- - Friday, April 13, 2012

BLACKSBURG, Va. — Virginia Tech believes its defensive linemen can be giants. Or at least play like them.

Inspired by the New York Giants‘ Super Bowl-winning defense, which employed four defensive ends along the front line, the Hokies are experimenting with a smaller, faster defensive line in spring football practice.

Corey Marshall (Dinwiddie), Zack McCray and Justin Taylor are working at tackle and end in defensive coordinator Bud Foster’s new-look front.

“He’s seeing that dynamic in our football team,” Marshall said. “That we can be that explosive, that we can be that violent inside and not have to have a 300-pound guy in there every single time. I think that’s going to pay off big down the road.”

It’s already paying dividends this spring. While Tech deals with three injuries to its starting linebackers and breaks in a reshuffled secondary, the defensive line has been the most productive unit this month, at times dominating the scrimmages.

Wednesday night, with all-conference defensive ends J.R. Collins and James Gayle missing the scrimmage to tend to class work, Tech’s defense piled up 10 sacks in 66 plays. That came on the heels of last Saturday’s 11-sack effort in an 85-play scrimmage.

The defensive line will be on display again Saturday at Lane Stadium when the Hokies hold their final scheduled scrimmage before the April 21 spring game. Saturday’s workout is expected to feature more situational scrimmaging, such as goal-line and red-zone plays.

“We need to be better [this season],” Virginia Tech defensive line coach Charley Wiles said of what he wants to see from this season’s defensive line. “That’s the expectation. I’ll be disappointed if we’re not. And I’ll be disappointed if we don’t have eight or nine guys and we can roll guys and keep people fresh.”

A year ago, the Hokies’ defensive line was beset by injuries, forcing junior defensive tackle Derrick Hopkins (Highland Springs) to play far more snaps per game than the coaches wanted.

“He got wore down as the year went on,” Wiles said.

But that negative did create one positive. Tech’s young defensive linemen, including Marshall and Luther Maddy, got the game experience they’ll need to be contributors this season.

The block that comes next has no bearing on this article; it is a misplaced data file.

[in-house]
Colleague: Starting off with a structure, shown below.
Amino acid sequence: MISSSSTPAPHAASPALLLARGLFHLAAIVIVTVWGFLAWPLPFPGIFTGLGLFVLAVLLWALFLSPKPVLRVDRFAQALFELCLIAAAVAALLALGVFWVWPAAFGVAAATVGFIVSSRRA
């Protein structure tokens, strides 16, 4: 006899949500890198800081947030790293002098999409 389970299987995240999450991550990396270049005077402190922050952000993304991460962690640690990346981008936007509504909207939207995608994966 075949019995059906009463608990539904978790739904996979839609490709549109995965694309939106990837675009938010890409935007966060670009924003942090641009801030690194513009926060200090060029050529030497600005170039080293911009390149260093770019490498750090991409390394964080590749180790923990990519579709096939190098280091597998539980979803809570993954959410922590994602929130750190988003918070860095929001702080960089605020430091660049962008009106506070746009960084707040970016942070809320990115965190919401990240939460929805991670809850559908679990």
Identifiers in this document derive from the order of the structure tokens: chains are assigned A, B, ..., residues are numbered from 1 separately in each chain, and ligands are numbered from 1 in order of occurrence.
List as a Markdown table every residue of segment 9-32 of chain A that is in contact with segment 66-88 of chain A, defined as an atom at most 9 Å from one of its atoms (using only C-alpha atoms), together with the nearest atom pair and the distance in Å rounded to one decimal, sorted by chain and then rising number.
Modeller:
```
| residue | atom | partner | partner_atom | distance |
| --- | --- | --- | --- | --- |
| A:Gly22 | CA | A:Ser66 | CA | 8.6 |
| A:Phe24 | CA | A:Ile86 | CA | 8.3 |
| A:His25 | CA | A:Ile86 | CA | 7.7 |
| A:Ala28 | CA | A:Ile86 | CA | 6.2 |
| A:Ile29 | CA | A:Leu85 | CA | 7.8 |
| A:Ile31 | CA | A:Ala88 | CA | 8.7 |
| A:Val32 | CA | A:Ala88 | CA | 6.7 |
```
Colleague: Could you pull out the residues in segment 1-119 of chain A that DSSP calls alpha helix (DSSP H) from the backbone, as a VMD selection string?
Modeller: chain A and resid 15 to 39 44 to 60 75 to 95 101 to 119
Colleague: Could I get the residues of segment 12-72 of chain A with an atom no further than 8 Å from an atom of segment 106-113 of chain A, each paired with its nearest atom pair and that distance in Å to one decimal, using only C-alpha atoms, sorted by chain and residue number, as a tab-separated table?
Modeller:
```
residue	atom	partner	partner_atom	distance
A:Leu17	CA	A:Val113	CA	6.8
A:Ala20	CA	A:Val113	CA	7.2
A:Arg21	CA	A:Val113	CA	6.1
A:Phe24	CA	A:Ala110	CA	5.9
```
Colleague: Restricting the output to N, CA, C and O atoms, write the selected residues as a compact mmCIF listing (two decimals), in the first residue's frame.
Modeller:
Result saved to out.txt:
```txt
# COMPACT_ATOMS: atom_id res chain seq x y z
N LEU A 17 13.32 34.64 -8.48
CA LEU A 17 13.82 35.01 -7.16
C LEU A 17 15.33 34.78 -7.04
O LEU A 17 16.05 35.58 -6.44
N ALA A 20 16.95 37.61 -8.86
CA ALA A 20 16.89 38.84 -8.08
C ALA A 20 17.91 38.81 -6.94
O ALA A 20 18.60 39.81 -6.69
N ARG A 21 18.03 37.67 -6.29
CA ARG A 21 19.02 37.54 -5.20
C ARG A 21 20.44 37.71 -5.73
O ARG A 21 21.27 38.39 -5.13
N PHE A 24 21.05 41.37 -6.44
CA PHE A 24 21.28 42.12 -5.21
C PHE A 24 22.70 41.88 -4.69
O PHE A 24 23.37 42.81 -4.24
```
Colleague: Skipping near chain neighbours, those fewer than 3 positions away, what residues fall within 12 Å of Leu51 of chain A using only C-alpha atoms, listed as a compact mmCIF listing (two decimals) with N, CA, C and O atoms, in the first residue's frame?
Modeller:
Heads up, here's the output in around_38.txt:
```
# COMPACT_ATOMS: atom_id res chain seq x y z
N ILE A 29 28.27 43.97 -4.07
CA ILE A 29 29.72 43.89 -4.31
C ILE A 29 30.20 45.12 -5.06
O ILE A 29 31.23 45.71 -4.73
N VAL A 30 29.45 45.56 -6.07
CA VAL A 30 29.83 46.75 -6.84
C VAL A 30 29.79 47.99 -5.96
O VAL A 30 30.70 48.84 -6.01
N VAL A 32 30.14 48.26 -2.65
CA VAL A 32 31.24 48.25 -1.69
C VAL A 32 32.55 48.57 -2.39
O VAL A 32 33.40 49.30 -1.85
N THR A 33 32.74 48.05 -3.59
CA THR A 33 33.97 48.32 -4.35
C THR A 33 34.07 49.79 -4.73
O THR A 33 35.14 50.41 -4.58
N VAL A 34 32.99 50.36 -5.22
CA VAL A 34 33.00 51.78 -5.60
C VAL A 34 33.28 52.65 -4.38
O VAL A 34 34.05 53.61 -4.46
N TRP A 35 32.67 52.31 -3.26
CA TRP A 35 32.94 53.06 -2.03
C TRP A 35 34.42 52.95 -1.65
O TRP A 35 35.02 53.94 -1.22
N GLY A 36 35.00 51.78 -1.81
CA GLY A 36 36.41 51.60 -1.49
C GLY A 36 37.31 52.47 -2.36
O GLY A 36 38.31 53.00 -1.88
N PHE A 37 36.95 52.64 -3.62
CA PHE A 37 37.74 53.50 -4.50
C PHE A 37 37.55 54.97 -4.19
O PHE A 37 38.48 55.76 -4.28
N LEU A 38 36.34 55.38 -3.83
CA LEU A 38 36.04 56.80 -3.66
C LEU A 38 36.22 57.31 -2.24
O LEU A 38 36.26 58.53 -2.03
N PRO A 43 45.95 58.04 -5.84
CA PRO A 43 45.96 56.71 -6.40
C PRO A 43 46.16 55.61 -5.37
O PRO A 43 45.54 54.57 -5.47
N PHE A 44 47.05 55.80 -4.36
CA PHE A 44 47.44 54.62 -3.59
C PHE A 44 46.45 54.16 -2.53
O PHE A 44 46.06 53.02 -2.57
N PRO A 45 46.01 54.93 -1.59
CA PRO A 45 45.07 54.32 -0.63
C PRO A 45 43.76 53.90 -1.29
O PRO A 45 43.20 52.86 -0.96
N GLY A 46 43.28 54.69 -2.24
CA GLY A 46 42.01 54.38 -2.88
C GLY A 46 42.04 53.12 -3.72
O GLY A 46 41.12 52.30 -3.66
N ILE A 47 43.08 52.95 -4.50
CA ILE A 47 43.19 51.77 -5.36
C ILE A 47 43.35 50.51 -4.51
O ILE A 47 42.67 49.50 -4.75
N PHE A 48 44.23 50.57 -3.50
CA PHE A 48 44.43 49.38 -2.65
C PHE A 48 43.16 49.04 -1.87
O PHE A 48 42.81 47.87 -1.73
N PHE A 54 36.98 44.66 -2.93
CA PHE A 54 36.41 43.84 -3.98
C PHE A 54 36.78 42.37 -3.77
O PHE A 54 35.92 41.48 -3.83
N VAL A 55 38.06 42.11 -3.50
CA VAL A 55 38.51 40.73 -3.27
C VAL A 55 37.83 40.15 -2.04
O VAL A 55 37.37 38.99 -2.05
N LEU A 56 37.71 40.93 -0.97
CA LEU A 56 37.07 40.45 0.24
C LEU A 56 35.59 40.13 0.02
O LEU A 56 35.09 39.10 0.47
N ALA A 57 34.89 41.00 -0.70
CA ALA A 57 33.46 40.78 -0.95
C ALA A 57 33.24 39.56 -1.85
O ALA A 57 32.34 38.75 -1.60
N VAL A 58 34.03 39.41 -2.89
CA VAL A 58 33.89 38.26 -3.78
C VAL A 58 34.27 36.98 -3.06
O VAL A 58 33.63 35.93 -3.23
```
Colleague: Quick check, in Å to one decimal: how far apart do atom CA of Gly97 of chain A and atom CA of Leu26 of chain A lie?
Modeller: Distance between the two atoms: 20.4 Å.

The Hokies return Hopkins and his brother, Antoine, inside. Antoine Hopkins, a senior, missed the last nine games last season because of a knee injury and is sitting out spring practice.

Tech has Marshall and Maddy, both sophomores, behind them and Collins and Gayle at end.

Redshirt freshmen Dadi Nicolas and Kris Harley also are in the mix for playing time, creating plenty of competition this spring for spots on the Hokies’ two-deep roster.

“It’s a grind,” Marshall said. “Every spot you’ve got serious competition at. There’s no one spot where any one guy can say, ‘I’m good here. I can stop. I’ve arrived.’ I mean, we’re competing every day.”

And with the increased emphasis on putting more versatile players on the field, Wiles believes he’s increasing the depth at the position and the chance for productivity.

“You look at what everybody’s doing on offense,” Wiles said. “We see a little bit of quarterback under center. We see a whole lot of spread to run the ball. You need athletes that can make plays numbers to numbers, sideline to sideline and be able to run. We’re trying to get our best, fastest, most athletic guys and put them in a position to get on the field.”

Giants defensive coordinator Perry Fewell dubbed his team’s speed-heavy look “NASCAR.” And comparisons to the Super Bowl champs have helped the younger Hokies buy into some of the moves.

“We watched the Giants and that’s how they’re able to play,” McCray said. “We want to be able to move guys around and be able to put some faster guys on the field.”

Read more about the Hokies at VTeffect.com

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